Besides, the United States, Russia and NATO, who are active today in Afghanistan within ISAF programs, are capable of influencing the process of stabilization. And as a result, you have “6+3”. “6” means Afghanistan’s adjacent countries, and “3” comprises the US, Russia and NATO. And, what is crucial, it is the Afghan people themselves. Our proposal to set up a “6+3” group under UN aegis has been gaining support. As early as 2008, during the EAPC/NATO summit, Uzbekistan declared that there is no military solution to the Afghan crisis. All were inclined to think that an enormous military armada, involved in the peace-building process, can force the Afghans to peace. Yet Afghanistan is not a country that can be coerced. You know how the attempt to occupy that land ended for Great Britain in the nineteenth century and the Soviet Union in the 1980s.

In the wake of the twenty-first century, the war has been going on for nine years, and there is no apparent end to this conflict, in my personal view. And today, even those commanders of peace-building forces present in Afghanistan have to admit that there is no military solution to this predicament. Even the leaders of great powers of Europe and the United States have recently talked about that. They began understanding that there is no way to achieve peace only with military means.

Afghanistan is a key state at the core of world attention. For Uzbekistan and the adjoining countries, peace in Afghanistan means peace in the entire region. Without peace, there will be a hotbed that constantly creates tension for all the adjacent nations.

This is why it will be important to rely on the neighboring states in addressing the situation in Afghanistan. Only with engaging these countries who have influence on ethnic groups in Afghanistan, will it be possible to hope for a positive outcome. 

During the summit, the situation in Kyrgyzstan has been discussed as well. The heads of member states expressed their hope for a soonest normalization of situation in that country. The summit attendees expressed willingness to provide necessary assistance and support for Kyrgyz Republic in order to accelerate stabilization and legitimacy of the authorities, improve the socio-economic conditions that have been turning, unfortunate as it is, rather critical.

Heads of state exchanged views on post-crisis economic recovery, on the role of SCO and its members in addressing the problems associated with this phenomenon.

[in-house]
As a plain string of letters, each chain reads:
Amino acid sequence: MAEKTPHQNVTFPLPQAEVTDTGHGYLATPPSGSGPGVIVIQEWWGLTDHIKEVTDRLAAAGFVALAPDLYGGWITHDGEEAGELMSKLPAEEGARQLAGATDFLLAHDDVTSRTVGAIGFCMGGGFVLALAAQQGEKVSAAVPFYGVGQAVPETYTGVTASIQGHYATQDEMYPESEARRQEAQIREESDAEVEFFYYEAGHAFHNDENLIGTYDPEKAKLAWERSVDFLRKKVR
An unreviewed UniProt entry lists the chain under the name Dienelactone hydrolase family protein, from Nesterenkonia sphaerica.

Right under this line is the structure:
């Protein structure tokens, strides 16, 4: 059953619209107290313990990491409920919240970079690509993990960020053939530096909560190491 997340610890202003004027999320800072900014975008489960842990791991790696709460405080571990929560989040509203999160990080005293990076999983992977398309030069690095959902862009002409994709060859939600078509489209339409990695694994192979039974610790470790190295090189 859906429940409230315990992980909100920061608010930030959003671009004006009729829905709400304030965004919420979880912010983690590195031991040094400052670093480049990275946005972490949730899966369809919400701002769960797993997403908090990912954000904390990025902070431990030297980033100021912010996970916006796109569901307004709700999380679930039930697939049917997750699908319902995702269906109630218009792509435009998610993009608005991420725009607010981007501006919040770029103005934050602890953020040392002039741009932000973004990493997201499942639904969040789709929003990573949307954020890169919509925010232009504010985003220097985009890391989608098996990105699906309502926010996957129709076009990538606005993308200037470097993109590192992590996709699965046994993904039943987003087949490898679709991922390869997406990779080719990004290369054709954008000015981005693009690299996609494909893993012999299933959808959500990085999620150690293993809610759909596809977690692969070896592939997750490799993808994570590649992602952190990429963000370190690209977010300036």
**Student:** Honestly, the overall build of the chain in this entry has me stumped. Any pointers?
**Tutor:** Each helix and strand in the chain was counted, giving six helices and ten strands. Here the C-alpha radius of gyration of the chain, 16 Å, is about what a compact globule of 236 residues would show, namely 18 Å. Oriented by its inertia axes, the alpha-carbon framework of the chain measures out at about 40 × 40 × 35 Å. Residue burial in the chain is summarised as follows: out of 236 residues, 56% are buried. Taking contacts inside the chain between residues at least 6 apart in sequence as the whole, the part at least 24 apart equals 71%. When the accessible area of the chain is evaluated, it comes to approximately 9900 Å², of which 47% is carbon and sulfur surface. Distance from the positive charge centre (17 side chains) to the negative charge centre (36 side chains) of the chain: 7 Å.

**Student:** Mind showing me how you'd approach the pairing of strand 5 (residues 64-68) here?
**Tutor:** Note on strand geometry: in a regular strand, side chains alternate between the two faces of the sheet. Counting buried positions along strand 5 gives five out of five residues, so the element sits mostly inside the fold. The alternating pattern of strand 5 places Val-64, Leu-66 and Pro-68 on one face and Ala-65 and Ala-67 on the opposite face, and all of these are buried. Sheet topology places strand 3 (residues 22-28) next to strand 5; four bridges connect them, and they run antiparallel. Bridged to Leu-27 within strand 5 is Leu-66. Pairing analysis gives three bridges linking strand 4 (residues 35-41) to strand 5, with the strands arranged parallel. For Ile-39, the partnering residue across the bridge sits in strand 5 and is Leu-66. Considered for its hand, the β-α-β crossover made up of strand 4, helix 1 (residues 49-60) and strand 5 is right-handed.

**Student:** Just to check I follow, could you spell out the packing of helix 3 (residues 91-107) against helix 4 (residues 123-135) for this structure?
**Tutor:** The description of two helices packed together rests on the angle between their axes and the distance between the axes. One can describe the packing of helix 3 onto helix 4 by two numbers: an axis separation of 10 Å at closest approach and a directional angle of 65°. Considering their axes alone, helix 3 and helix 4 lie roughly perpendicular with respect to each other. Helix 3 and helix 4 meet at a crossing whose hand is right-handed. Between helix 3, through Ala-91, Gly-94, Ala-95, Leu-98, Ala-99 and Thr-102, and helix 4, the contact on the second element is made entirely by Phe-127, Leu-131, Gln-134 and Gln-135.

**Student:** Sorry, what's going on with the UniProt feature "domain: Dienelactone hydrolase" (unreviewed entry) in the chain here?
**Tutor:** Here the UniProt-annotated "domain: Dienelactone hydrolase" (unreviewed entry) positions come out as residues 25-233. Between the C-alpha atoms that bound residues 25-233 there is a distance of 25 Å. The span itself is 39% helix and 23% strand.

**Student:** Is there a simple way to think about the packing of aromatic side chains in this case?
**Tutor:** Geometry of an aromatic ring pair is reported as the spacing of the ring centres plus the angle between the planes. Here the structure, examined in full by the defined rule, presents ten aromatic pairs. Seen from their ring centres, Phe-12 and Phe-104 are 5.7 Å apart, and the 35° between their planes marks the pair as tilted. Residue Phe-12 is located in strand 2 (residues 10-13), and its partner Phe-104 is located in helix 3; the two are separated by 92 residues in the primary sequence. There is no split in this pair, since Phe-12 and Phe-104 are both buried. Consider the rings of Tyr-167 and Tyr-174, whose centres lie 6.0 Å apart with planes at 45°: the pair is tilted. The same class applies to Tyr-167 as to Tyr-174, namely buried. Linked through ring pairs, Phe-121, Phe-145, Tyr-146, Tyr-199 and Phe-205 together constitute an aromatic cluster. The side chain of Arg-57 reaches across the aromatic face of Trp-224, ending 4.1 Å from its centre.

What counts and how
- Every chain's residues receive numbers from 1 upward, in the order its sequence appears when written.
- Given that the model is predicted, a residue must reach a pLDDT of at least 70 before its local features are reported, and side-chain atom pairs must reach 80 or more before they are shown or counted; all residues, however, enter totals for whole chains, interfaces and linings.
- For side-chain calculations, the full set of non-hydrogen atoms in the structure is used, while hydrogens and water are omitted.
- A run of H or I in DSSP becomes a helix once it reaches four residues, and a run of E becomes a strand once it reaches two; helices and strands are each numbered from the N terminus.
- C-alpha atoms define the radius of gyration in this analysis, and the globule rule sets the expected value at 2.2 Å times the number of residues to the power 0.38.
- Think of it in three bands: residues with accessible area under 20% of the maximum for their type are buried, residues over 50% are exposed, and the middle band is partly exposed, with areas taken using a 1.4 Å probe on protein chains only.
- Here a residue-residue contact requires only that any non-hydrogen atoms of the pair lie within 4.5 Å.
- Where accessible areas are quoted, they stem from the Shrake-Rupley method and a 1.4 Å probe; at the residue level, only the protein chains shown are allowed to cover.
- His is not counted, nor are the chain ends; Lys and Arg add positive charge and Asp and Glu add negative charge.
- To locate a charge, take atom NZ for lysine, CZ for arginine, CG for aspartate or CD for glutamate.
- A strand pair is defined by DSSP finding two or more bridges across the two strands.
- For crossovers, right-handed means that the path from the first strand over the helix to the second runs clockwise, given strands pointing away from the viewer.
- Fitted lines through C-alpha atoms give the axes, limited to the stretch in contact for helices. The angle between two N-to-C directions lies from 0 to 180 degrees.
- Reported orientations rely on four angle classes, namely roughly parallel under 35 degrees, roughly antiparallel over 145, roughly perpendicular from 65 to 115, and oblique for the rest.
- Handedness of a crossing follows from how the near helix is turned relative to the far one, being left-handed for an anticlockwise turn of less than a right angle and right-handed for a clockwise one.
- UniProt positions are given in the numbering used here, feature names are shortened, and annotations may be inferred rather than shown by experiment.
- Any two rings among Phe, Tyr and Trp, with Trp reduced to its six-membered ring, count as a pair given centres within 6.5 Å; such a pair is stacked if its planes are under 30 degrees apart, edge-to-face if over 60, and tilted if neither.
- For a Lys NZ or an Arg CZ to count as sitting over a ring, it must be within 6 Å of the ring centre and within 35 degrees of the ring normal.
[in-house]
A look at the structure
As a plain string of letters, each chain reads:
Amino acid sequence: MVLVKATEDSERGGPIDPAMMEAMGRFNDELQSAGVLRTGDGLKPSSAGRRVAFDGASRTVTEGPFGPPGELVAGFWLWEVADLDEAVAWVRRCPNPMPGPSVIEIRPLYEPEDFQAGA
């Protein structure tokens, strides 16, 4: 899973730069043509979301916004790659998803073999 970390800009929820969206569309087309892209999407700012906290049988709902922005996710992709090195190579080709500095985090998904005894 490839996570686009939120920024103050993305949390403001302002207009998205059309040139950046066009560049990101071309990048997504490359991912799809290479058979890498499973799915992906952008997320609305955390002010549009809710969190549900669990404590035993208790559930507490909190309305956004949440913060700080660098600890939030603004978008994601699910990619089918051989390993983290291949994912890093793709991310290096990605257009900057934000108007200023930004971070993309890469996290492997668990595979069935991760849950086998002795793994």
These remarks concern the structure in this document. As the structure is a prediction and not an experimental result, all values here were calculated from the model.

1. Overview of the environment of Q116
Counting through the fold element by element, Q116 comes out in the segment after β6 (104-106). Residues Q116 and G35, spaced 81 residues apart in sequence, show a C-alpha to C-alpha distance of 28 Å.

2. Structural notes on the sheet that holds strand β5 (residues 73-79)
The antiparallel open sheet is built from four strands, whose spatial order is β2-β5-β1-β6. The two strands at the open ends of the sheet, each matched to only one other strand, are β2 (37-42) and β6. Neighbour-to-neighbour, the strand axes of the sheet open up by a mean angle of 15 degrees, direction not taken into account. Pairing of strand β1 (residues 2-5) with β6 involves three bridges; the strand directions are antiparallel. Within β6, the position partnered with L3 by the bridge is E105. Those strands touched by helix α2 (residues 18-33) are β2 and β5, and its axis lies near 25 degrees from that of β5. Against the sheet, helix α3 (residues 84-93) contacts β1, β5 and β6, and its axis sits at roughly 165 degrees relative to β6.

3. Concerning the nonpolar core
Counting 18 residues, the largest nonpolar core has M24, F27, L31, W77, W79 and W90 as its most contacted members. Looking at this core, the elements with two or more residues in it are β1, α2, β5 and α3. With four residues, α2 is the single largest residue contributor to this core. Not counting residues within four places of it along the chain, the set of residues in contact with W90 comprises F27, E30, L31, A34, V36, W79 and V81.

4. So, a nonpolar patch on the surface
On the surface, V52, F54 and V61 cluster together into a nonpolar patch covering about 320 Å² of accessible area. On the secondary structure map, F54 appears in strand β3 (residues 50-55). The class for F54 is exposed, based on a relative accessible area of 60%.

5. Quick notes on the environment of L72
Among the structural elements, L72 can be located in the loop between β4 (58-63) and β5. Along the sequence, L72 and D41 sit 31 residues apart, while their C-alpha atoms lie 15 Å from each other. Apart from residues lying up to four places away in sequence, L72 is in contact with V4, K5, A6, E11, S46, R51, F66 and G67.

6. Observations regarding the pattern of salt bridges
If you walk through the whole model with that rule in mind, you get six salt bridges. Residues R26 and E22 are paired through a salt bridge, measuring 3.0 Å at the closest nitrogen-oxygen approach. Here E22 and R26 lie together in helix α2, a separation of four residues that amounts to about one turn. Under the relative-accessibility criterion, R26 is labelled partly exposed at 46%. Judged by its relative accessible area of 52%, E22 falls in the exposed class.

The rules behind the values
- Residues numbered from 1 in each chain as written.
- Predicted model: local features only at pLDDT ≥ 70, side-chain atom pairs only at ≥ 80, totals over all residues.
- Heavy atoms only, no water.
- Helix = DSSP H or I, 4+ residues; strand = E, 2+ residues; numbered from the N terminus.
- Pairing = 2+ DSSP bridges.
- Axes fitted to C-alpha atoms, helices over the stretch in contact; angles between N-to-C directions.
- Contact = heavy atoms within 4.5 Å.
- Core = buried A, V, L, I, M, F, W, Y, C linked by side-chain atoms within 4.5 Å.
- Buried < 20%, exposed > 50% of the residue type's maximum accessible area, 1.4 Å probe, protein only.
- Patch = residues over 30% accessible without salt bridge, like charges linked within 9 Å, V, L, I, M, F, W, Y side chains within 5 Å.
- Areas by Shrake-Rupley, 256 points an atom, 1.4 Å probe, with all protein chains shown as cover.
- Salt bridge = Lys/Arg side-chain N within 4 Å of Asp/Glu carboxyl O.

It was stressed that SCO will keep with its efforts in creating an encouraging environment for trade and investment activities, implementing trans-border, transport and communications, infrastructure and socially oriented projects in order to ensure sustainable development in the countries of the region and improve the welfare of our peoples.

Assessing the activity for the past year, I would like to stress that documents inked today constitute a new important step forward in advancing the SCO, elevating its international weight, consolidating the role and capacities of the Organization in achieving its core objectives, namely, bolstering peace, stability and security, guaranteeing sustainable development, enhancing interaction in humanitarian and social spheres.

I would like to point out that we have every reason to declare that the tasks identified for the Organization during Uzbekistan’s chairmanship, have mostly been accomplished. I would take this opportunity to express my earnest gratitude to SCO Secretary General Muratbek Imanaliev, whose experience and help for us has been significant in completing our projects and in the toughest process of making the interests of all sides meet.

In general, I would like to acknowledge that if we have successfully completed our presidency in the Organization, I believe it is the achievement, first of all, the Secretariat of SCO, staff of the Uzbek foreign ministry, other agencies and institutions. At the same time, this has been a coherent and organic work with the huge team-groups of other states.

Taking this opportunity to speak before you, journalists, I would like to express my tremendous gratitude to you for this colossal, rather taxing work that has been done so as to be able for us to assert with confidence that the tasks we defined last year have been accomplished.

Thank you.

June 11, 2010